Are Rules Made to be Broken? Discretion and Monetary Policy
61st Economic Conference
The theory and practice of central banking has featured a recurring debate over the costs and benefits of providing the monetary authority with discretion in how to best fulfill its government-mandated objectives. From the gold standard and the Bretton Woods system to the money supply rules of the 1960s and 1970s, the merits of prioritizing a rules-based approach for policymaking have been promoted as an alternative to discretionary policy. The reasons for imposing such constraints have changed over time; for example, the notion that monetary policy contains an inflationary bias which should be mitigated by a rule informed the debate during the late 1970s and the 1980s, but now this argument appears to be outdated. In more recent treatments of optimal monetary policy, discretion can still lead to inefficient outcomes which some type of commitment may overcome. Recently proposed legislation in Congress has picked up on this ongoing debate by asserting that the Federal Reserve should specify the systematic part of its policymaking. Under this approach, the central bank would closely adhere to a predetermined rule, often referred to as the "Taylor rule." The current debate is not about the goals that monetary policy should pursue, but about how monetary policy should be implemented to best achieve these goals. Should the Federal Reserve have discretion in setting its instrument to the level it believes best attains its mandated goals, or should that instrument be either determined or constrained by a preset rule? The purpose of this conference is to place the ongoing debate in the context of current economic theory and practice, especially in light of how monetary policy has been conducted since the Great Recession.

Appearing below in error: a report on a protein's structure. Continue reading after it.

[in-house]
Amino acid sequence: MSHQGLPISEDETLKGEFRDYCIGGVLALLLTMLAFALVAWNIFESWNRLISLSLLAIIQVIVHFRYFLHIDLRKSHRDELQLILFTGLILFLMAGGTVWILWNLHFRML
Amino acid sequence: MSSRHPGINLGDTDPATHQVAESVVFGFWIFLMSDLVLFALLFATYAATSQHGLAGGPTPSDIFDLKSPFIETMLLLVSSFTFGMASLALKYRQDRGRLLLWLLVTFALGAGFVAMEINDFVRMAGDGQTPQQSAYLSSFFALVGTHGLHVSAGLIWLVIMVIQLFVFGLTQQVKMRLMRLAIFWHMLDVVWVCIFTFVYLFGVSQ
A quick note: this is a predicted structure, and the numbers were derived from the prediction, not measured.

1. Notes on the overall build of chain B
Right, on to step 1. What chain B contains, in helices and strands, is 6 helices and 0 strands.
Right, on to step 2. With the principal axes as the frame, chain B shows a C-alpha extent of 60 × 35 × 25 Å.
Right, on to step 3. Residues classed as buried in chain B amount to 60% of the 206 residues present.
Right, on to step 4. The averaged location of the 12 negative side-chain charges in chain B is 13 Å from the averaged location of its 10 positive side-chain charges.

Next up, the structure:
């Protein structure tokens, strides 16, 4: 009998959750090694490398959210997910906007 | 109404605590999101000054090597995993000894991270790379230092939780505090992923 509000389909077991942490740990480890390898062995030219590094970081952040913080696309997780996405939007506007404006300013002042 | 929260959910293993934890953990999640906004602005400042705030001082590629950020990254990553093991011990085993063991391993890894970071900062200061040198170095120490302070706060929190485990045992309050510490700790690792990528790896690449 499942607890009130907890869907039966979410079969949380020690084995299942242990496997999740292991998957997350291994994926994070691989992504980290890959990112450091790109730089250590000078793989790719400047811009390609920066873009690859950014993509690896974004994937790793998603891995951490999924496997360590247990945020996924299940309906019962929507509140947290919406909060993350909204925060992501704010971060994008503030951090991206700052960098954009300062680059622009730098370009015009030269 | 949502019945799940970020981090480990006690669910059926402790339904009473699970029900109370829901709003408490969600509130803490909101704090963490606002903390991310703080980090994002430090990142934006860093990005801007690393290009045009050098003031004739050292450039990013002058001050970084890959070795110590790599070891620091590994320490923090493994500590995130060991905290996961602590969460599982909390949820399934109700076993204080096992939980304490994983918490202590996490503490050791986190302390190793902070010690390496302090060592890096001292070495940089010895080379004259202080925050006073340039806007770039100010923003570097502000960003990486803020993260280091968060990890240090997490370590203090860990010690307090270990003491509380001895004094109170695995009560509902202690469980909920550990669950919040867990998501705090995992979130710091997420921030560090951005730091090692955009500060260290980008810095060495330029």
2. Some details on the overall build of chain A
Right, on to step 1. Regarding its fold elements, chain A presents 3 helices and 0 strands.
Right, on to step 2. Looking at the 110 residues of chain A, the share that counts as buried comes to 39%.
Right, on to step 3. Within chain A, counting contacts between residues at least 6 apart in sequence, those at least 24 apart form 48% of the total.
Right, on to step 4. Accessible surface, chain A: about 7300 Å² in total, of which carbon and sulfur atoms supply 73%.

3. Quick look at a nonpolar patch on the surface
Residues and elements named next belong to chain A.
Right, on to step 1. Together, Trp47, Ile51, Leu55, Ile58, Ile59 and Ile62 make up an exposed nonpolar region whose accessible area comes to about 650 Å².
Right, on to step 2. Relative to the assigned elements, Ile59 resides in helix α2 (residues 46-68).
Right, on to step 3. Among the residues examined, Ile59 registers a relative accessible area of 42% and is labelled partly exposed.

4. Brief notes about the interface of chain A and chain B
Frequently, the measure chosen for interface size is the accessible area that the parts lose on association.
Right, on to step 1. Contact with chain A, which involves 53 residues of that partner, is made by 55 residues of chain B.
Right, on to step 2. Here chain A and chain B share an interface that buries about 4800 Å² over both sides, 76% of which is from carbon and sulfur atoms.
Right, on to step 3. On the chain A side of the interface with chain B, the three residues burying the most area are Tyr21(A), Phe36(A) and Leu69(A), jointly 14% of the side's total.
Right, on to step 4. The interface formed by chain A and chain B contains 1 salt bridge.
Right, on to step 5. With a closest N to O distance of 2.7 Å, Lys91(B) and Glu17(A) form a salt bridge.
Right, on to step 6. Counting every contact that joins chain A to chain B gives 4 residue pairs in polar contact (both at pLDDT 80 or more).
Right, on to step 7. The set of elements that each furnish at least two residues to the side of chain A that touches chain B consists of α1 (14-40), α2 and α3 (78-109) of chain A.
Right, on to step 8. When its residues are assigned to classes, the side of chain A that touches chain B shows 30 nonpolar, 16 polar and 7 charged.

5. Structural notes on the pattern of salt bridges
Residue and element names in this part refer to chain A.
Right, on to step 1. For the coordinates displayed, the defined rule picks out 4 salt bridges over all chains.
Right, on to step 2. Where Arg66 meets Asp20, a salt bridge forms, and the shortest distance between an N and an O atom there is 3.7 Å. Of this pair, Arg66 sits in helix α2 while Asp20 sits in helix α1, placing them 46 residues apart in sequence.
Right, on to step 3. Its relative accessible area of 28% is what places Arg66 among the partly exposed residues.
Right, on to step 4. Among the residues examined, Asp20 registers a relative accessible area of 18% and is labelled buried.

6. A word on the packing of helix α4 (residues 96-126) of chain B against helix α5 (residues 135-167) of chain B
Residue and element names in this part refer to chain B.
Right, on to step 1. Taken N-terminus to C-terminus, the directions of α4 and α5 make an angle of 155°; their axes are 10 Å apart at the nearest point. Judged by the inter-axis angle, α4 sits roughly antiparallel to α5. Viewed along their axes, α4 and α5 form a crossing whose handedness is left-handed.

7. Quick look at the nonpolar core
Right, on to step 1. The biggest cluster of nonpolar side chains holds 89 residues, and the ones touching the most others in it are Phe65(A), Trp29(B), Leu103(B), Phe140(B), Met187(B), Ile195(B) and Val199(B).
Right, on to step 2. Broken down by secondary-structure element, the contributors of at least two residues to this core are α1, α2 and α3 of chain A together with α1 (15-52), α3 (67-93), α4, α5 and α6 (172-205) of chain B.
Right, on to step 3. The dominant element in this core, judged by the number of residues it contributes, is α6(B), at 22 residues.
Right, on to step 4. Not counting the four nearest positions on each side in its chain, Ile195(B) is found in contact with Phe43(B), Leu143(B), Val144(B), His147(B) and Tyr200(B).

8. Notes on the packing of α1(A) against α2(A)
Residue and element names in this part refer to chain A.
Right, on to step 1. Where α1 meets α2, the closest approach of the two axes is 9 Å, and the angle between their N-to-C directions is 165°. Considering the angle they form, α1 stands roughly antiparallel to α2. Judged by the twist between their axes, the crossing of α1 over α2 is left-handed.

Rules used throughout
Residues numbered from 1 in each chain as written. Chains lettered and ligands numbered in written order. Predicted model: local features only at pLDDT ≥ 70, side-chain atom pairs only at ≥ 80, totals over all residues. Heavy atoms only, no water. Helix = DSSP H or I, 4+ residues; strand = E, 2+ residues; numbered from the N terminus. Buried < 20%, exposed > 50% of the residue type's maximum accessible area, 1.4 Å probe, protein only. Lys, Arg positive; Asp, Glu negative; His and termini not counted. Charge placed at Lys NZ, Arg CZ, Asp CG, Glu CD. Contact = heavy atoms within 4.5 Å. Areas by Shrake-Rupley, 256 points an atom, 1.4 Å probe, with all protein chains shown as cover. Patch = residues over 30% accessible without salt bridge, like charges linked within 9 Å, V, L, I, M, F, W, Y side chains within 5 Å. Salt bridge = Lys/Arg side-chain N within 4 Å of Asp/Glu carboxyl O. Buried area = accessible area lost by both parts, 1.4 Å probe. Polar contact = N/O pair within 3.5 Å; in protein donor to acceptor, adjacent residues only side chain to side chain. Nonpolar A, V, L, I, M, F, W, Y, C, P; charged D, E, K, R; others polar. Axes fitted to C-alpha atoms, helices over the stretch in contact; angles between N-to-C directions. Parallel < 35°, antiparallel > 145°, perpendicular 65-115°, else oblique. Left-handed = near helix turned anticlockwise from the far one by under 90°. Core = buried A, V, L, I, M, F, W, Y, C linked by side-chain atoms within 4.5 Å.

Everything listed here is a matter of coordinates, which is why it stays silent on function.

Please note the conference is by invitation only and registration is now closed. For questions about the conference, please contact Randi Cavanaugh.
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